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DIY music

Every year, it seems to me, the number of Messiah sing-alongs before Christmas grows by one or two. It isn’t enough for a chorus to put on a Christmas program; they have to also offer a Messiah for everyone to join in. This is one manifestation of a general trend, not only in music but in other fields, to want to get involved: not just to consume art and culture passively, but to take a hand oneself. It’s particularly gratifying to see in classical music, where for decades the trend has been very much in the opposite direction: families who 150 years ago would have learned new music by playing it at the piano now buy recordings or attend concerts where they listen in stony silence.

I always wonder, though, where all those chorus singers able to sing Messiah (which is not the easiest music in the world) go for the other 11 months of the year. The New Dominion Chorale offers one answer with its annual summer sings: four weeks of what one might term karaoke choral music, where everyone shows up with a score (or rents one on the spot) and reads through some of the greatest choral literature. The events are held on Tuesdays, and there are two left this year: tonight, Robert Shafer leads the Brahms Requiem, and next Tuesday Tom Hall leads the Mozart Requiem. (The singing starts at 7:30 p.m. at the Western Presbyterian Church, 2401 Virginia Avenue in Foggy Bottom; admission is $10, with an extra $2 for score rental.)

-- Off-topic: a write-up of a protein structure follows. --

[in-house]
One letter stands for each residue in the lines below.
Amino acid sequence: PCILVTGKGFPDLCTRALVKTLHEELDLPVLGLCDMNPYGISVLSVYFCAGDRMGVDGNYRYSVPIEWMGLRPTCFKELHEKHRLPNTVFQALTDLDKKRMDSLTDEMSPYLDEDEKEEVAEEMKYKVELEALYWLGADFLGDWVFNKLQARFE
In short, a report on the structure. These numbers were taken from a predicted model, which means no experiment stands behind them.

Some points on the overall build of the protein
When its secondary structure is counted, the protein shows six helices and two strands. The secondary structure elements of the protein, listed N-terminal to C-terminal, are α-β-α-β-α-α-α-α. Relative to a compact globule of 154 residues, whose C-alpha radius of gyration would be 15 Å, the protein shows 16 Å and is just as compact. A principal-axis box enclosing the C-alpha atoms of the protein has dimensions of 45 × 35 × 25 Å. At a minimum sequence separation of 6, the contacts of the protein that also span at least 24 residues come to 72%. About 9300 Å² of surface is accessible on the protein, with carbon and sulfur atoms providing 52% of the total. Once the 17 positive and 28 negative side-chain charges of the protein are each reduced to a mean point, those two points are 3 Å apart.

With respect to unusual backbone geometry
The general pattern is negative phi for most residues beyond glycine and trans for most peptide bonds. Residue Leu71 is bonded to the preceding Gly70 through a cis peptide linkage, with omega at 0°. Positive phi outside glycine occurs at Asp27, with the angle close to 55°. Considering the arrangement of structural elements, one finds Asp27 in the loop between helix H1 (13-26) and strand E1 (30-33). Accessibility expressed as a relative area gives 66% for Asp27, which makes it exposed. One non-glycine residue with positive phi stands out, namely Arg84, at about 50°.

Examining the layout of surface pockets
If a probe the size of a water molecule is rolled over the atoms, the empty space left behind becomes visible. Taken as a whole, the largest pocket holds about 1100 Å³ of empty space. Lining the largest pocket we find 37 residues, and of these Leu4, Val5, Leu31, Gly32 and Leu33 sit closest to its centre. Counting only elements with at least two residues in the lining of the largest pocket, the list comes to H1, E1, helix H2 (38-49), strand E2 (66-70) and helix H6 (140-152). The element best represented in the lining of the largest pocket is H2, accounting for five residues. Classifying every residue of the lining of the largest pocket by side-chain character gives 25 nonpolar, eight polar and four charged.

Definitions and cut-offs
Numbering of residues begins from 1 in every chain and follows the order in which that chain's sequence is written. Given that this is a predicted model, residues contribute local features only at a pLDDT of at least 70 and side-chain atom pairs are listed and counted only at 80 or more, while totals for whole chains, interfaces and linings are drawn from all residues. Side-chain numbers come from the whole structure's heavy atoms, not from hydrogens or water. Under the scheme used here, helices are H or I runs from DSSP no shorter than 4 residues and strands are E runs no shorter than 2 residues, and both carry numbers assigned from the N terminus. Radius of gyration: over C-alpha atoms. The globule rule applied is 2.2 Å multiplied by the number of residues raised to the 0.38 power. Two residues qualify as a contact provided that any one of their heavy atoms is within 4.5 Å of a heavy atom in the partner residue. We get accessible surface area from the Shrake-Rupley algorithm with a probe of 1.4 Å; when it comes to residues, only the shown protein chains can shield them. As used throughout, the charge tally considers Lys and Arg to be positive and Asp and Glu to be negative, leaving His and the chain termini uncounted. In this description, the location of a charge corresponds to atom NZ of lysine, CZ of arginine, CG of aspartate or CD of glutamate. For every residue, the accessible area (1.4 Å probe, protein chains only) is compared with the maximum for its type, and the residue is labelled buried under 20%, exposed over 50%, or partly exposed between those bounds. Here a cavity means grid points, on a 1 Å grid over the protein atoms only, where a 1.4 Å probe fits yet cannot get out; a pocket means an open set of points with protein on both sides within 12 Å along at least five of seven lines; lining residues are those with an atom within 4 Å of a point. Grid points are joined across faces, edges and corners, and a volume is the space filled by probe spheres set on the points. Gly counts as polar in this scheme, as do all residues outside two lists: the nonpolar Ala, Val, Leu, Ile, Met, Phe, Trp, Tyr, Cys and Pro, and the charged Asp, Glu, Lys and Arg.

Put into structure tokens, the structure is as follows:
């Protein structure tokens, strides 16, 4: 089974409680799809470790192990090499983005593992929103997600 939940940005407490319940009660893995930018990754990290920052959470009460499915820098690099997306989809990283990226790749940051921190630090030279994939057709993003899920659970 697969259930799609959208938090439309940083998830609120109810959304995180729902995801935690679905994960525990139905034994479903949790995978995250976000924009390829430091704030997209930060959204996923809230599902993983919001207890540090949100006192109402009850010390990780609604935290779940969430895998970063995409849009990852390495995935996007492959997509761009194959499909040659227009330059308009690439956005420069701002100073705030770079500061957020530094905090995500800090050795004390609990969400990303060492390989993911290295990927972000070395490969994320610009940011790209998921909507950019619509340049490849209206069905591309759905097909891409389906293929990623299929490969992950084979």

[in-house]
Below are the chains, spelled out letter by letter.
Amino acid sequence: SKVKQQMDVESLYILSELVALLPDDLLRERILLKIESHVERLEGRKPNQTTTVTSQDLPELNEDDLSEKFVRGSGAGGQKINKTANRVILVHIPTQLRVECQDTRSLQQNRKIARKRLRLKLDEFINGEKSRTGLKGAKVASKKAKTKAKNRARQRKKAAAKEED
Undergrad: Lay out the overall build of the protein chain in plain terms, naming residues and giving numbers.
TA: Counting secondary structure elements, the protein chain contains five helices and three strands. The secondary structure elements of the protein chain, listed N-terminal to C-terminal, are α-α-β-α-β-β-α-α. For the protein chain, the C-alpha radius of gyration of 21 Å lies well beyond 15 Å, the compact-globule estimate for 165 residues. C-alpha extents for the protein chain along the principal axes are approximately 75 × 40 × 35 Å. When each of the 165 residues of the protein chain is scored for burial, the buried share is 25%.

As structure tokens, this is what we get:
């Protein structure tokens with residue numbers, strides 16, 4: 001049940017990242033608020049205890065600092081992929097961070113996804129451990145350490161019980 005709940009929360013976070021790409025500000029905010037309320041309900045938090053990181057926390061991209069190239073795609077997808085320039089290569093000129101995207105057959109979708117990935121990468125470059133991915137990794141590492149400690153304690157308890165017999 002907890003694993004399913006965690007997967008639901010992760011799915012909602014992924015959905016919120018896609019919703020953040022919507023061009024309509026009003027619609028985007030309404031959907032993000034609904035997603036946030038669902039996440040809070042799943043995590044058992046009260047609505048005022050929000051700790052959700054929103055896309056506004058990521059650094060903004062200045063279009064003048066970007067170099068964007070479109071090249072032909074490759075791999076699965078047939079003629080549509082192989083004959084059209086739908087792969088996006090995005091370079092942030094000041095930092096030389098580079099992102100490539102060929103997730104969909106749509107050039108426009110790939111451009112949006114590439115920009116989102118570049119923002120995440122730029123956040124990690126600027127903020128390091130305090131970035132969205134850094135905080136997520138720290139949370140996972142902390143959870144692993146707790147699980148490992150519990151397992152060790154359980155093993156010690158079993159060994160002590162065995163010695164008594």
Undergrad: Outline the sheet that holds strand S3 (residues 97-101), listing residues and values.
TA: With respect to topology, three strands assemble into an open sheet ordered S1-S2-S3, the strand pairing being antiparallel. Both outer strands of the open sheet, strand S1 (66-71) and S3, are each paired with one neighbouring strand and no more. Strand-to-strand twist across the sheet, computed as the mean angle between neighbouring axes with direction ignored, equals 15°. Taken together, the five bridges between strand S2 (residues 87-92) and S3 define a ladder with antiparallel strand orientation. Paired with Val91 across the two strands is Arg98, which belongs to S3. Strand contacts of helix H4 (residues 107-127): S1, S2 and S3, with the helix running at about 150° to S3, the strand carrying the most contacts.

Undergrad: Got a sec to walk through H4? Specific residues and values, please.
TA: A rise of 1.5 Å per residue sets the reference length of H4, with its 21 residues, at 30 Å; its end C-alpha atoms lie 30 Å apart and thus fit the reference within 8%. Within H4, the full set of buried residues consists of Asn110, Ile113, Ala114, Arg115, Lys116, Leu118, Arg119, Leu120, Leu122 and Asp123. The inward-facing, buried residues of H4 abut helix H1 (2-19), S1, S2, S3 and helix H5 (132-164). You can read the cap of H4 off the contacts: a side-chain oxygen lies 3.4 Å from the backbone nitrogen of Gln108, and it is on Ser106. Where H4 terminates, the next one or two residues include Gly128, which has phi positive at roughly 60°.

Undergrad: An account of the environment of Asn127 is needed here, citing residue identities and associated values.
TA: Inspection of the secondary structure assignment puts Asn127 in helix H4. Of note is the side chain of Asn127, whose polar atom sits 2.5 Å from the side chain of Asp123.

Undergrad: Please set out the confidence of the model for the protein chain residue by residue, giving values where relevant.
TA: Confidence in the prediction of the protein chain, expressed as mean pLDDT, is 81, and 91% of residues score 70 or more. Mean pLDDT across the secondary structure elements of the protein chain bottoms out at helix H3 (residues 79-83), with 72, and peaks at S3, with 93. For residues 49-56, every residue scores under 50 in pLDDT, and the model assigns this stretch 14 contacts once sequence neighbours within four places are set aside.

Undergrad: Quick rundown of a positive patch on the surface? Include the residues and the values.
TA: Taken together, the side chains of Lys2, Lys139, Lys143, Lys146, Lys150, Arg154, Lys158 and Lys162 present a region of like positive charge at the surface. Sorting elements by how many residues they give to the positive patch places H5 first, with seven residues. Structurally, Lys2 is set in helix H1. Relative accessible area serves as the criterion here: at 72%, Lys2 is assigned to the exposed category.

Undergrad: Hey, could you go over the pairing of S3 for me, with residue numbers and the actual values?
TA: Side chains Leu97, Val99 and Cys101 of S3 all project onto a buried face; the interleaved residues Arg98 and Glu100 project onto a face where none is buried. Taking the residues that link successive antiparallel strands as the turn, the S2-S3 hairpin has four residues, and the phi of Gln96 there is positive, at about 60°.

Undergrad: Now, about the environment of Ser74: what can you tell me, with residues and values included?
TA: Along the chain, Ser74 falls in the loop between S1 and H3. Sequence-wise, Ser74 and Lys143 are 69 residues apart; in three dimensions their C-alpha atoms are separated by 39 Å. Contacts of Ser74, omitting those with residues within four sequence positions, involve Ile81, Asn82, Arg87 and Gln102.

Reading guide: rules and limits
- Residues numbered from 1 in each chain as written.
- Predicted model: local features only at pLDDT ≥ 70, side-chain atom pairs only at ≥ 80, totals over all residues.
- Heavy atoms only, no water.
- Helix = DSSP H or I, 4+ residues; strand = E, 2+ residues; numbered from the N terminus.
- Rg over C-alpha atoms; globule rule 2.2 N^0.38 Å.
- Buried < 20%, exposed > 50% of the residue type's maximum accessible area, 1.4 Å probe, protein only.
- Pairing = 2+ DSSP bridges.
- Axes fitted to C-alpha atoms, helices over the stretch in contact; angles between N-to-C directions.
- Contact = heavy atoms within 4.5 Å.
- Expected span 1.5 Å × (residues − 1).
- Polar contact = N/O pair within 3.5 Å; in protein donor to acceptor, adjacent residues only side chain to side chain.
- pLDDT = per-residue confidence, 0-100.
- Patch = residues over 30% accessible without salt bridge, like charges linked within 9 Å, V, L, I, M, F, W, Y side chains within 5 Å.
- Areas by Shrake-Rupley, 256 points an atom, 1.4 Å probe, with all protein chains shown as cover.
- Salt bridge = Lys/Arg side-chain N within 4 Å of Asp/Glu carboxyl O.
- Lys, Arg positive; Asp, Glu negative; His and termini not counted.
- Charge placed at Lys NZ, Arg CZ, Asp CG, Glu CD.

(read more after the jump)

It’s been interesting this year watching the Baltimore Symphony Orchestra try to tap into their audience’s urge to make music themselves. When they announced the Rusty Musicians event in February - a chance for adult amateurs to play with the orchestra - more than 400 people signed up. They promptly announced the BSO Academy, a week-long program for the same kind of musician: adults who don’t play professionally but are good enough to play serious repertory and willing to spend a healthy sum to spend an intensive week playing with professionals in sectional rehearsals, chamber music ensembles, and lessons. The final performance is on Saturday, the 19th, at 3.

And in the spirit of the YouTube Symphony -- for which, you’ll remember, participants were selected via YouTube videos, in part by public voting -- the National Orchestral Institute is inviting public contributions to its ongoing sessions. Anyone who uploads a video of his or her version of “The Sorcerer’s Apprentice” (sheet music is available on the site; click the link above) by Wednesday is eligible to win tickets to Saturday’s orchestral concert; those who submit their version of the clarinet solo from the Brahms 3rd Symphony by Friday can win a free music lesson. I suspect shower-singers need not apply, but feel free to prove me wrong on that one.

These are just random manifestations of a trend that I think is getting to the substance of the field. I’ve said before that a young composer today may write music, find some people to perform it with her, put together a recording and sell it at concerts or via the internet, while playing standard literature at the same time in other venues. It’s not even seen as enterprising: just as a way to do what interests you.